Madelena made us a breakfast of fruit, juice, coffee, bread, and a tortilla dipped in scrambled egg then cooked (why didn't I ever think of that?!). We ate with a nice couple of men from Seattle, Keith and Sylvano (I think. We never could remember his name). As we were walking out the door, Alejandro told us to be sure to use bug repellent because there have been a few cases of Dengue Fever lately. Lovely.
We walked around to take photos and go to the pharmacy to get something for our mosquito bites, but it was closed. So instead we headed to the Museum of Chocolate, which conveniently, is also a restaurant. Adam had chocolate milk and I had hot chocolate with cinnamon.
They gave us a few free little bon bons with our drinks. It was unlike any chocolate we have ever tasted. There were tiny crunchy little bits of sugar in it. I don't think I will ever like American chocolate again.
We had a good laugh at the menu, which said, "Chocolate, bat, bat, whitewash, sugar and canola. Infancy's tidbit, and the grandmother's memories. The cocoa's chocolate, aromatic and dark American Bitneriaceo, nutritious past, exquisiteness of the future." -- HUH?! Something was definitely lost in translation.
We went to a different flea market, where I bought some rings made of old silver spoons. They recycle EVERYTHING in Cuba. While we stood on the street in awe at how long the Western Union line was, a guy placed a parrot on Adam's shoulder for a photo, and it bit him on the cheek, actually drawing blood. Great, now we will have Dengue Fever AND Bird Flu!
Thirsty, I headed into the grocery store for locals. WOW. This is the largest grocery store we saw in Havana, and it truly turned my world upside down. I am a very picky eater, so seeing where Cubans buy their food made me realize I would probably die if I lived there. And it made me appreciate home so much more. These Cubans would faint from shock if they walked into a Trader Joe's!
It's set up like an old five and dime, with shelves behind counters, so you point at what you want, and a clerk gets it for you. But the selection is terrible! There was one small shelf of canned goods, one section of dry goods, and that section on the left was the entire pharmacy. The entire beverage section is on the right.
Below is the prepared foods counter, where they sold fried chicken, government sodas, etc.
As I was taking this photo, a stray dog walked right in the front door of the store, and nobody cared. Also note the large hole in the floor.
The egg lady rationed out eggs, while the dry goods lady measured out everyone's rations of sugar and flour.
This guy was measuring out portions of little gray discs. I asked what they were, and he said, "Sweet! Cookies!" Gross.
Feeling really bad for these people, we left and kept walking, looking at souvenirs being sold from people's homes. Some lady with no top front teeth told me her baby was hungry and asked if I could buy milk. I said I wouldn't give her money. She said that it was not about money, that the government rations milk, and she had used her ration for the month already, but they would sell milk to tourists. She asked me to hold her adorable baby and for Adam to take photos, so I did, of course.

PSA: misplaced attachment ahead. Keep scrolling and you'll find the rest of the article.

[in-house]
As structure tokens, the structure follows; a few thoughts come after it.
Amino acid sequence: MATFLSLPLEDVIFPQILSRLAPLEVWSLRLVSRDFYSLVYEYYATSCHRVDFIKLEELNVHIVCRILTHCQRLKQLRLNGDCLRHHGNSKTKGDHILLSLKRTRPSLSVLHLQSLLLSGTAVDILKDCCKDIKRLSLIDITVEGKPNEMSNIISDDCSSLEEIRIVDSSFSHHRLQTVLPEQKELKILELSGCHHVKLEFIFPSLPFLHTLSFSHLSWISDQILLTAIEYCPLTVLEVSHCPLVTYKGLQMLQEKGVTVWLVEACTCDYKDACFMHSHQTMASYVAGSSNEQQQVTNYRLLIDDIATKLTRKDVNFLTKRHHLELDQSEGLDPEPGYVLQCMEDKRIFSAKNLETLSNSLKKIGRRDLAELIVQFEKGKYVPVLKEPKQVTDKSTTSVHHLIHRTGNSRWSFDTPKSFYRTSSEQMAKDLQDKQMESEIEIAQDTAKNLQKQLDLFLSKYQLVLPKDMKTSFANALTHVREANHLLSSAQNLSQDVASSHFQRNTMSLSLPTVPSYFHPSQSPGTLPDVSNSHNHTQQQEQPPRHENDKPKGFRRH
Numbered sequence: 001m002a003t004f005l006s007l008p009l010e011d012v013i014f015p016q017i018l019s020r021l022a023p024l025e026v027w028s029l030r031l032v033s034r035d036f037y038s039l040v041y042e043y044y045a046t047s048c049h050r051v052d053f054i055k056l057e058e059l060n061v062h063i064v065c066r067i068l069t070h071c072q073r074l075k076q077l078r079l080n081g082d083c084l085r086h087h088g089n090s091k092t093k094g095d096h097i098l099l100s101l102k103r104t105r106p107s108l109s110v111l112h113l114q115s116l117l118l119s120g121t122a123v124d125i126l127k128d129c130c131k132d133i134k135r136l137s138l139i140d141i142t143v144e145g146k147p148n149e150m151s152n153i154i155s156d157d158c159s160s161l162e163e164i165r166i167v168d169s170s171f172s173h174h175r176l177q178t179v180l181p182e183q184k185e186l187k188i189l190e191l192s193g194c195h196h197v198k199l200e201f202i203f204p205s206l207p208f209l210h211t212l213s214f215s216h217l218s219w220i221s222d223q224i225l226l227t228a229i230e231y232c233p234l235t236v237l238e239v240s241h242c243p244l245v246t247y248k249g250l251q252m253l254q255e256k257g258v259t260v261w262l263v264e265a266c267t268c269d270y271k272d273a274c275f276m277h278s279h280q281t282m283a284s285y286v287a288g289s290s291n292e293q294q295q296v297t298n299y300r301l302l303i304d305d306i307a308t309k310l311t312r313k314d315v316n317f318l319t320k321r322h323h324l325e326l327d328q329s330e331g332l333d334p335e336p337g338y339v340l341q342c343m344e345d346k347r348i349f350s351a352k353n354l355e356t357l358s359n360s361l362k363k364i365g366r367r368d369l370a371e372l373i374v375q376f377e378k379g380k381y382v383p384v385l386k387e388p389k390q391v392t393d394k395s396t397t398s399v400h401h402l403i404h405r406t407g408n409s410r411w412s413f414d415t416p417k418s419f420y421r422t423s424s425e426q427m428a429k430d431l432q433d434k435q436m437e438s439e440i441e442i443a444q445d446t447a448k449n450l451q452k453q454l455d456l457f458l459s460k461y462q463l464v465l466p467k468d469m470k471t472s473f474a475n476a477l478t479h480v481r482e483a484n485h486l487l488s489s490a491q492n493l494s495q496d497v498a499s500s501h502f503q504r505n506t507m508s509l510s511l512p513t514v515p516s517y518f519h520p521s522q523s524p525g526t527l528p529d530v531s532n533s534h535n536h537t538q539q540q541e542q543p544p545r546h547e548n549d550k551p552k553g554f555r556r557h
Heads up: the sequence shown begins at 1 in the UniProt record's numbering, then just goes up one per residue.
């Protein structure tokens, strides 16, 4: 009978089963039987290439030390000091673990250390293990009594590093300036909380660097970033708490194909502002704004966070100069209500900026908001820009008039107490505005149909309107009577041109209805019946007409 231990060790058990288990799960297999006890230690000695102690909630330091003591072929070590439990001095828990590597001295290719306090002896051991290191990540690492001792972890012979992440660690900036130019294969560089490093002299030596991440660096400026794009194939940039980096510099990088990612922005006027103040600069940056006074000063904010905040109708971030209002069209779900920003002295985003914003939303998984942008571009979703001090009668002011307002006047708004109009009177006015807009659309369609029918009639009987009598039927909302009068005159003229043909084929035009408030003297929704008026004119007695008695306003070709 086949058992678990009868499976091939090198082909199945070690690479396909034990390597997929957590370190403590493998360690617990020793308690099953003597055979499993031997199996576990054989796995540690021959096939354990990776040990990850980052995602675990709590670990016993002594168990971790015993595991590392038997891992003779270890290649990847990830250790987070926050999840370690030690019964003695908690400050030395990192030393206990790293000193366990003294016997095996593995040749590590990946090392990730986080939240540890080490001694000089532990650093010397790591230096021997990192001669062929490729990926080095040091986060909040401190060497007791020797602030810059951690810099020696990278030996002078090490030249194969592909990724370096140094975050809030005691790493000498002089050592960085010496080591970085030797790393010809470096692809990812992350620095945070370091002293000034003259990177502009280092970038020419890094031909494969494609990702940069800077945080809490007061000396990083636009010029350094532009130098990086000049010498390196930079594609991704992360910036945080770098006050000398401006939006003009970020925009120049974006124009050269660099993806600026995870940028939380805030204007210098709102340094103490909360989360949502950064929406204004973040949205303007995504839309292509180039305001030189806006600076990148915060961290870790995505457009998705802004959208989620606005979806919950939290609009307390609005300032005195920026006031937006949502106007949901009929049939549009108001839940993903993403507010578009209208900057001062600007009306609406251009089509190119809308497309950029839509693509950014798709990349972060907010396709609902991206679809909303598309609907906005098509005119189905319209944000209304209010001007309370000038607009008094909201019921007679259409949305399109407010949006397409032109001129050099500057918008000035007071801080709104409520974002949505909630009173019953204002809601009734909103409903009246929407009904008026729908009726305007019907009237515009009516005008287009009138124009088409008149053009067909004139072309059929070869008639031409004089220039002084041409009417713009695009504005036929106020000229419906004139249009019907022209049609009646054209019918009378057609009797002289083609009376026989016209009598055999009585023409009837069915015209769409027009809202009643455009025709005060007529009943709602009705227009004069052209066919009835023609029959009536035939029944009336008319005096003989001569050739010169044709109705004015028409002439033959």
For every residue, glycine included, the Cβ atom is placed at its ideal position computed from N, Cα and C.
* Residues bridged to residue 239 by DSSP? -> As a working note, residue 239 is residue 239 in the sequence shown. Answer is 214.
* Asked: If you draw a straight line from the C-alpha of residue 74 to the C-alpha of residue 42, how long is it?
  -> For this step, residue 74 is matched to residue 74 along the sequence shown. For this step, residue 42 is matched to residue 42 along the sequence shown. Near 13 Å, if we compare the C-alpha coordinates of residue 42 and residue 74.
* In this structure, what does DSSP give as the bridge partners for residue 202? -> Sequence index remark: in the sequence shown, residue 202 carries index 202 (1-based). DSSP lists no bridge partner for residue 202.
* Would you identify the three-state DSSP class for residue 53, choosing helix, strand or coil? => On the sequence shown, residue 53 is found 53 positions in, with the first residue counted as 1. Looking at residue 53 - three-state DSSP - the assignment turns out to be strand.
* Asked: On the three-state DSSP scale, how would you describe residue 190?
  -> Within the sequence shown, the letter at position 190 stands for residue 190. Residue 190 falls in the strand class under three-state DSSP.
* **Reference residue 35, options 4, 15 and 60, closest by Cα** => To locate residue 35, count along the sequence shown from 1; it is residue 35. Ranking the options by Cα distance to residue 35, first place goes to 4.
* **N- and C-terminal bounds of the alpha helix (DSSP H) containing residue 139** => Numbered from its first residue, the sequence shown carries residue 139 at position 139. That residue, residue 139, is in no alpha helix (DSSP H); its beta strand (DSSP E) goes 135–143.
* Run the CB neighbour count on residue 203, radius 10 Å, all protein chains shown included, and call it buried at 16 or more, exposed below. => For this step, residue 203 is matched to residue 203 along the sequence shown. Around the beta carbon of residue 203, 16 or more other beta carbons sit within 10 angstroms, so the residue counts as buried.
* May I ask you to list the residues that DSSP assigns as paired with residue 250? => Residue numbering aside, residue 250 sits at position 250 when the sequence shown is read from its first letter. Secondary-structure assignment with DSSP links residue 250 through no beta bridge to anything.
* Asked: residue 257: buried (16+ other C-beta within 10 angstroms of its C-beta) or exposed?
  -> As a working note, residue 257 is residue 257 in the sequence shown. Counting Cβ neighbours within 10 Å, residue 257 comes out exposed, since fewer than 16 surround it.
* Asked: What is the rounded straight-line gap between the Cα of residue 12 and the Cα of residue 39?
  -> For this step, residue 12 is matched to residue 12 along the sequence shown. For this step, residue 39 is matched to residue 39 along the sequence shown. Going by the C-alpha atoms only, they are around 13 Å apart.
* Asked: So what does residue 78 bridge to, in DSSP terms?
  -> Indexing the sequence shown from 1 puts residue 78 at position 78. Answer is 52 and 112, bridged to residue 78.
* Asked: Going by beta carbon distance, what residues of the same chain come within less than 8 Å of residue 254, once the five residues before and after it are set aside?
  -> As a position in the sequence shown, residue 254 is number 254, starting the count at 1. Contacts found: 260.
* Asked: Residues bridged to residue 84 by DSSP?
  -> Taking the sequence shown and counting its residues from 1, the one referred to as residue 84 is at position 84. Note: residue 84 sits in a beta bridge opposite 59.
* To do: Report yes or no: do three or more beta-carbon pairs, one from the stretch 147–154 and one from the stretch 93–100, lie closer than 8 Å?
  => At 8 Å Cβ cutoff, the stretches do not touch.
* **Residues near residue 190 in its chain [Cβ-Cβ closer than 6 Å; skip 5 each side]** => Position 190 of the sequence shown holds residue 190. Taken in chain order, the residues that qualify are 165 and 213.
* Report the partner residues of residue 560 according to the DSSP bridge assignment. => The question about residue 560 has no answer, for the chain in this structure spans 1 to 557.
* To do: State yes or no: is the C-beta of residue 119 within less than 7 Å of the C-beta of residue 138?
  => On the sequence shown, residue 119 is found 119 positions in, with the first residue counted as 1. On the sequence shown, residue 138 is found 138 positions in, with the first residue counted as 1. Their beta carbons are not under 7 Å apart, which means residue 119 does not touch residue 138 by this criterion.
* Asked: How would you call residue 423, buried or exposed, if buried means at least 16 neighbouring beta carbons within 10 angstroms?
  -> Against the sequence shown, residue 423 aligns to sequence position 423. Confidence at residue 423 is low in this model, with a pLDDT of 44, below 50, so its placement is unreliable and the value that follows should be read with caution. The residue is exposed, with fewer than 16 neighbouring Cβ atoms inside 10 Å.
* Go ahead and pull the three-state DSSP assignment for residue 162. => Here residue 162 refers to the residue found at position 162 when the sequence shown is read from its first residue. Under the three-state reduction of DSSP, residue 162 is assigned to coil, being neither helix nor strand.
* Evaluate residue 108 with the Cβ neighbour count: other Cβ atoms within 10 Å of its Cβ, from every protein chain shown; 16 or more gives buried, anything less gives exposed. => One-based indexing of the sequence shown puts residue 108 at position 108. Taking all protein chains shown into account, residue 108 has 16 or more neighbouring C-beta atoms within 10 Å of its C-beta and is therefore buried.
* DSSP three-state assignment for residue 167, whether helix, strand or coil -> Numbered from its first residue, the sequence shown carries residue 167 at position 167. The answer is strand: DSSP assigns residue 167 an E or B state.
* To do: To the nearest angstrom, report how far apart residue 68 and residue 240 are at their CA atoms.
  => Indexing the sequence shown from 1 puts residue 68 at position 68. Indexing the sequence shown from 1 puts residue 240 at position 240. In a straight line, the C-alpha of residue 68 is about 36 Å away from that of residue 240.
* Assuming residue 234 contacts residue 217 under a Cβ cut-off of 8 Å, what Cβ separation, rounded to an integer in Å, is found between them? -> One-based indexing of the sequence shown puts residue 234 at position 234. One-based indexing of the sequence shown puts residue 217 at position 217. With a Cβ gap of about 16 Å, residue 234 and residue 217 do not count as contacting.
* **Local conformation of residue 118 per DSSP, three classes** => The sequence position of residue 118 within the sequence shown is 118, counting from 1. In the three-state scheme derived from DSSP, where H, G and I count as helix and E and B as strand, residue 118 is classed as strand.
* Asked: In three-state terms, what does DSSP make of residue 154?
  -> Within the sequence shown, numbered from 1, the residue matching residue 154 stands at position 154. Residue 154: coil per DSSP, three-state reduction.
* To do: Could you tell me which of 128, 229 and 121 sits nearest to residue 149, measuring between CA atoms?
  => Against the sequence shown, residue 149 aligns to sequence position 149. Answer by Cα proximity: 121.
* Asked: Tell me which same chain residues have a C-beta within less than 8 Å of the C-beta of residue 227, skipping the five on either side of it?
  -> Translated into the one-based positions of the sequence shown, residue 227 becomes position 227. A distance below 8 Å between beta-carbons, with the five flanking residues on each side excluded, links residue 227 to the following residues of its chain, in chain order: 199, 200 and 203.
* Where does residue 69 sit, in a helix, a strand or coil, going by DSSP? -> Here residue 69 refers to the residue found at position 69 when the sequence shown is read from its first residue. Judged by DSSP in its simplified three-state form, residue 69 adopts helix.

Then she asked me to follow her into a store, which was very much like the one we had just left, and she asked for a case milk from behind the counter. The cashier grabbed it (they were like juice boxes, but with milk inside — about 30 of them). The cashier looked at me and said something in Spanish which sounded like $3.00. I handed her 5 CUC. She firmly shook her head "no" and showed me a calculator that said $32!!!! All three of them, including the baby, stood there looking at me, waiting for me to pay. At this point I had forgotten she said it "wasn't about money." I felt pressured, and wanted the baby to have milk, so I forked over $35. In that split second I figured that $32 is nothing to me, but is HUGE to her — so I just went along and paid it. The cashier handed me back three dollars in change, and the lady held out her hand and said, "por favor? Por la bebe?" (That might be French, but you get the idea.) At this point, I was so irritated, I just gave her the three dollars. She took the baby and the milk and ran away quickly, leaving me standing in the store in shock! Adam walked in and told me he had just been approached by a prostitute on the street. He was in mild shock too!
As we walked, we talked about how the milk thing was definitely a total scam. There is no way that milk costs $32 when the monthly salary in Cuba is $30. I'm sure she returned to the store later, and got about $25 in change back from the cashier. Whatever, lesson learned. From now on, we decided, the answer is no. We also decided that we should probably stay inside the cannons. (This lasted about an hour.)
Hotel Saratoga Bar
We went to the hotel Saratoga for lunch and half an hour of Wi-Fi. We tried to order a Mediterranean salad, but they had run out of tomatoes. We had chicken sandwiches and fries.